Initializing Objective-C classes with sane initial state

Because Objective-C has the concept of designated initializers, you have to ensure your classes are instantiated using sane initial state. Take for example a fictitious person class with the designated initializer initWithName:

@implementation Person
- (id)initWithName:(NSString *)name;
{
    self = [super init];
    if (self) {
        _name = name;
    }
    return self;
}
@end

Now in a view controller this happens:

- (void)viewWillAppear:(BOOL)animated;
{
    [super viewWillAppear:animated];
    Person *person = [[Person alloc] init];
    self.nameLabel.text = self.person.name;
}

The author accidentally forgot to use the designated initializer and the program now has incorrect state. In this particular situation it results in an empty label that might or might not be visible to the user. This is a simple example but in a complex application this can easily lead to hard to find bugs.

Let's take a look an Foundation class to find a solution. Specifically a possible implementation of the NSNumberFormatter init method:

- (id)init;
{
    return [self initWithLocale:[NSLocale currentLocale]];
}

If possible you should always prefer a sane default over an exception. Unless otherwise specified, an NSNumberFormatter is initialized with the current locale.

However more often than not such a sane default doesn't exist. In the example of our Person class there is no default name that we can fallback on. In this case use NSParameterAssert. Not providing a name is a programmer error. By convention any programmer error should raise an exception. NSParameterAssert will conveniently do this if the passed in parameter evaluates to false.

Let's see what that looks like in our Person class:

@implementation Person
- (id)init;
{
    return [self initWithName:nil];
}

- (id)initWithName:(NSString *)name;
{
    NSParameterAssert(name);
    self = [super init];
    if (self) {
        _name = name;
    }
    return self;
}
@end

This 100% guarantees that your classes initial state is correct. If, like in our previous example, init is accidentally used it will immediately raise an NSInternalInconsistencyException. Furthermore if you remove assertions from your production code this will, apart from the fact the the application now has incorrect state, have no effect on your user's experience.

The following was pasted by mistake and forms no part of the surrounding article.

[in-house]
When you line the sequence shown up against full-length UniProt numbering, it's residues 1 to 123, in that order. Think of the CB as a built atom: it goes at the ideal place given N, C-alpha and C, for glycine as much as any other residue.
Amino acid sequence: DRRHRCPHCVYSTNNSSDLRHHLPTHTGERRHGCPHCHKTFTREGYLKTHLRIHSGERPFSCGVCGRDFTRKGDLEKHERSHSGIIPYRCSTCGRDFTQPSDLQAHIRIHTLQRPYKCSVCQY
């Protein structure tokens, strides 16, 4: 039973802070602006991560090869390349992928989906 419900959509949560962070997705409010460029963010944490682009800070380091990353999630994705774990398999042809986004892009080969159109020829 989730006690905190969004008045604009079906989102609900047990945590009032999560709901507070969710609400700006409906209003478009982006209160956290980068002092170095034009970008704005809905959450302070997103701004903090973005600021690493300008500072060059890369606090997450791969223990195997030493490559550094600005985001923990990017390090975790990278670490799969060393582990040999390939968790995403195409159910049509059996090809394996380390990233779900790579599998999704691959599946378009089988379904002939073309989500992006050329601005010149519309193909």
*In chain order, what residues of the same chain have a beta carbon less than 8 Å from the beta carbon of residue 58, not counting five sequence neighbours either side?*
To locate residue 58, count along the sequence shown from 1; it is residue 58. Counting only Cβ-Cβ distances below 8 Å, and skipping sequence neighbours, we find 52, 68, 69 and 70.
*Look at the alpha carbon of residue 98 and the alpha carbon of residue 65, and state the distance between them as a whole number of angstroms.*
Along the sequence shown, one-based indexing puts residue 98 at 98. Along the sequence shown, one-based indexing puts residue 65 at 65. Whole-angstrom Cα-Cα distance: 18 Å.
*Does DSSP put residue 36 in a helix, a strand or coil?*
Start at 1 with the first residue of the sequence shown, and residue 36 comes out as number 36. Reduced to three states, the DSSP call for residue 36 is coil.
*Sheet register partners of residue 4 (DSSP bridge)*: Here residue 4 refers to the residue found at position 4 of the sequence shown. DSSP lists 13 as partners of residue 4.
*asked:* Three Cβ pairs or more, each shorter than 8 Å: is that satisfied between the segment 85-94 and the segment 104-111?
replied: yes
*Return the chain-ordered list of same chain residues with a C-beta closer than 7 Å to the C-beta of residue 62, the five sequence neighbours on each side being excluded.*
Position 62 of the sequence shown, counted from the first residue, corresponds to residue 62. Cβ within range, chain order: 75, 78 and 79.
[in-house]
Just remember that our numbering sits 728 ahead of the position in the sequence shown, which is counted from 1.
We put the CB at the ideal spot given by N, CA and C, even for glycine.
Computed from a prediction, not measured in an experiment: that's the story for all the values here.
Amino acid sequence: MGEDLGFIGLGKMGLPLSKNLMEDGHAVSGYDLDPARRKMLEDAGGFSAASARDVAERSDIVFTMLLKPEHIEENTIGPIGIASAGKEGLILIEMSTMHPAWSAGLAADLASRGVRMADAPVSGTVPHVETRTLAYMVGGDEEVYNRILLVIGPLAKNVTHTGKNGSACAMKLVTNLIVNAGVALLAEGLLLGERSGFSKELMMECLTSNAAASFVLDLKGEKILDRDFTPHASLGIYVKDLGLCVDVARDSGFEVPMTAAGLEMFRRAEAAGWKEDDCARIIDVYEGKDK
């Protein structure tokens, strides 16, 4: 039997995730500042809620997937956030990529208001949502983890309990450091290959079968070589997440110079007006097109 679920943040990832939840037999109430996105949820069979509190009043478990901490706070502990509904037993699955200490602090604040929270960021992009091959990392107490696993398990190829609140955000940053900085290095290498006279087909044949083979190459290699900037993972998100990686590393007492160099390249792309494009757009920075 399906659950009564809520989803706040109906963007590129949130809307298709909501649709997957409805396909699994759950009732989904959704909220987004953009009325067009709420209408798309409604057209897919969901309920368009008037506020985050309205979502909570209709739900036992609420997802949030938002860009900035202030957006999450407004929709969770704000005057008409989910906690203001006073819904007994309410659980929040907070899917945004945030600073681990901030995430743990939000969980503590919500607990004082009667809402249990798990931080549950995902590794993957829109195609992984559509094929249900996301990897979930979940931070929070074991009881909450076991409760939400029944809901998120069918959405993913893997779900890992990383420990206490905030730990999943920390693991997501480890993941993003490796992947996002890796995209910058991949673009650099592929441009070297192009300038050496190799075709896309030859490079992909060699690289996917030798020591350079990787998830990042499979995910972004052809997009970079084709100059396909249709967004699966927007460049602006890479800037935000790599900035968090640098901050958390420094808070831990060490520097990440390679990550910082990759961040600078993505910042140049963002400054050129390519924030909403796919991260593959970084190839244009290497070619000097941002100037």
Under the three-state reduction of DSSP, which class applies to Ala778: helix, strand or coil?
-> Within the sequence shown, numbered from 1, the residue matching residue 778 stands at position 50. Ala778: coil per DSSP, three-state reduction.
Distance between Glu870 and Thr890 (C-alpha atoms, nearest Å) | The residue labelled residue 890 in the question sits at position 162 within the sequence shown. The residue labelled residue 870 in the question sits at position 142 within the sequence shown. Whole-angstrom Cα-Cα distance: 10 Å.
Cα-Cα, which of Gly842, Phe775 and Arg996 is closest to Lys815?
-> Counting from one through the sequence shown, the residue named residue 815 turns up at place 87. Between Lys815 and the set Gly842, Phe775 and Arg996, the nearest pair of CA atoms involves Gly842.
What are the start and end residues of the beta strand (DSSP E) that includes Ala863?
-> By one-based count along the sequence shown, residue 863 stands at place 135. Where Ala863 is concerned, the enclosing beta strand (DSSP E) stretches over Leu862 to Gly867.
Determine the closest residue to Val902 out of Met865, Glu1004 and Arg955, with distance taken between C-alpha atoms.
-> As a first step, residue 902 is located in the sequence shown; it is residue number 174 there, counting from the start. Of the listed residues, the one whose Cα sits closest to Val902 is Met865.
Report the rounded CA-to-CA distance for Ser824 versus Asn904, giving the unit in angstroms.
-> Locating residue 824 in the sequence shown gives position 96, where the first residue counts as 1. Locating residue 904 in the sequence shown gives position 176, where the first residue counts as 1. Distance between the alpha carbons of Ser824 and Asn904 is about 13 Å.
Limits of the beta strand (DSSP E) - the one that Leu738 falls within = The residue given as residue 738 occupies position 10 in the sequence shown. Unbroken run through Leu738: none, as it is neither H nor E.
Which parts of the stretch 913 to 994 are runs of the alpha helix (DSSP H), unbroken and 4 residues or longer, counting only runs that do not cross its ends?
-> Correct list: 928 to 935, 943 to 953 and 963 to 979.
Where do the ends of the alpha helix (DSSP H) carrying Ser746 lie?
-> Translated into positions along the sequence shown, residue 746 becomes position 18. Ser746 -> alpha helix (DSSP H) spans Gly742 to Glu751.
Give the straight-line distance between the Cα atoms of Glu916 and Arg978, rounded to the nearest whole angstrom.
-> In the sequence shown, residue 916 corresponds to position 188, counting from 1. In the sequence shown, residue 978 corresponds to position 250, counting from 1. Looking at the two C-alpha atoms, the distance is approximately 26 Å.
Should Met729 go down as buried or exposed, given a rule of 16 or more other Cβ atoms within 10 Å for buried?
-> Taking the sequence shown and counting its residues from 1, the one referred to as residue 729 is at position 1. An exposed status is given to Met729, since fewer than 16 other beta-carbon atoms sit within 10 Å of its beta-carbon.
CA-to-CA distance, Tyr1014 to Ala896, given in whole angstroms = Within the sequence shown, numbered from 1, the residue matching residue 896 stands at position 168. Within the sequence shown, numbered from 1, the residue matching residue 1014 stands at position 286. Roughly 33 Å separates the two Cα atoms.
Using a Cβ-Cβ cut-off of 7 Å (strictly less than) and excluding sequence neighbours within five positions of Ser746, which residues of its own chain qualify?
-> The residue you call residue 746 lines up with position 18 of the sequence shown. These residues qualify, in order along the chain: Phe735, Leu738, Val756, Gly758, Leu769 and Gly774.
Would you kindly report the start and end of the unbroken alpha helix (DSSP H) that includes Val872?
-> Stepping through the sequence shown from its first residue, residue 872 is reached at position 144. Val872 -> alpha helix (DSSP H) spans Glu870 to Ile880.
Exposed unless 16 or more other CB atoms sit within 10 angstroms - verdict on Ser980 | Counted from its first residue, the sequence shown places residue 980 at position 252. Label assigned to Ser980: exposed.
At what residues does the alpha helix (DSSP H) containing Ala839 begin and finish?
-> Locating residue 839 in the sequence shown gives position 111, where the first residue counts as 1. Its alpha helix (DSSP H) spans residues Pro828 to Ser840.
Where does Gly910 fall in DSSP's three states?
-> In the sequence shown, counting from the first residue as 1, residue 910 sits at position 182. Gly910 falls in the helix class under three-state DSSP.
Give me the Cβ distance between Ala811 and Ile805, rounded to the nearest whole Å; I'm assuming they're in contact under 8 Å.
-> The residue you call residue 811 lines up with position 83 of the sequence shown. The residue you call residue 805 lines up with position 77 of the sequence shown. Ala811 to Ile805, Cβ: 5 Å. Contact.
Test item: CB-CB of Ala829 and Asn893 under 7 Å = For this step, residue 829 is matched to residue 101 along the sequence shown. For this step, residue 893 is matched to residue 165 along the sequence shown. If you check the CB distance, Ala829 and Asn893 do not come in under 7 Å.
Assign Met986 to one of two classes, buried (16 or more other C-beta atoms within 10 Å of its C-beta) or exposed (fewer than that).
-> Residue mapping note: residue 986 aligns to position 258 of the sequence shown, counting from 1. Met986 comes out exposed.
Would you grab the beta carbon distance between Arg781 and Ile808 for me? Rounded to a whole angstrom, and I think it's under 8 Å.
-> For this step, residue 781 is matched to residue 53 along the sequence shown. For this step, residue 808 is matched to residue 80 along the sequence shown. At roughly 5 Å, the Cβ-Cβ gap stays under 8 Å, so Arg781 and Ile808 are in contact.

This also works for classes that already have a designated initializer like UIView:

// In a UIView subclass
- (id)initWithFrame:(CGRect)frame;
{
    return [self initWithText:text];
}

- (id)initWithText:(NSString *)text;
{
    NSParameterAssert(text);
    CGRect textFrame = // Assume this exists
    self = [super initWithFrame:textFrame];
    if (self) {
        _text = text;
    }
    return self;
}

Finally the initialization code paths are trivial to test:

describe(@"Person", ^{
    it(@"cannot be created without a name", ^{
        expect(^{
            Person *person = [[Person alloc] init];
        }).to.raise(NSInternalInconsistencyException);
    }

       it(@"can be created with a name", ^{
        Person *person = [[Person alloc] initWithName:@"Ender"];
        expect(person.name).to.equal(@"Ender");
    });
});

There you have it. A simple and reusable way to make sure your classes are always initialized with sane initial state.

Update:

The initial version of this post included a statement that you should remove assertions from your production code. While I am still off this opinion @__block pointed out an interesting article from Mike Ash explaining proper usage of asserts. Mike also makes a good case on why you shouldn't compile out assertions. Since this discussion is outside of the scope of this article I removed the statement.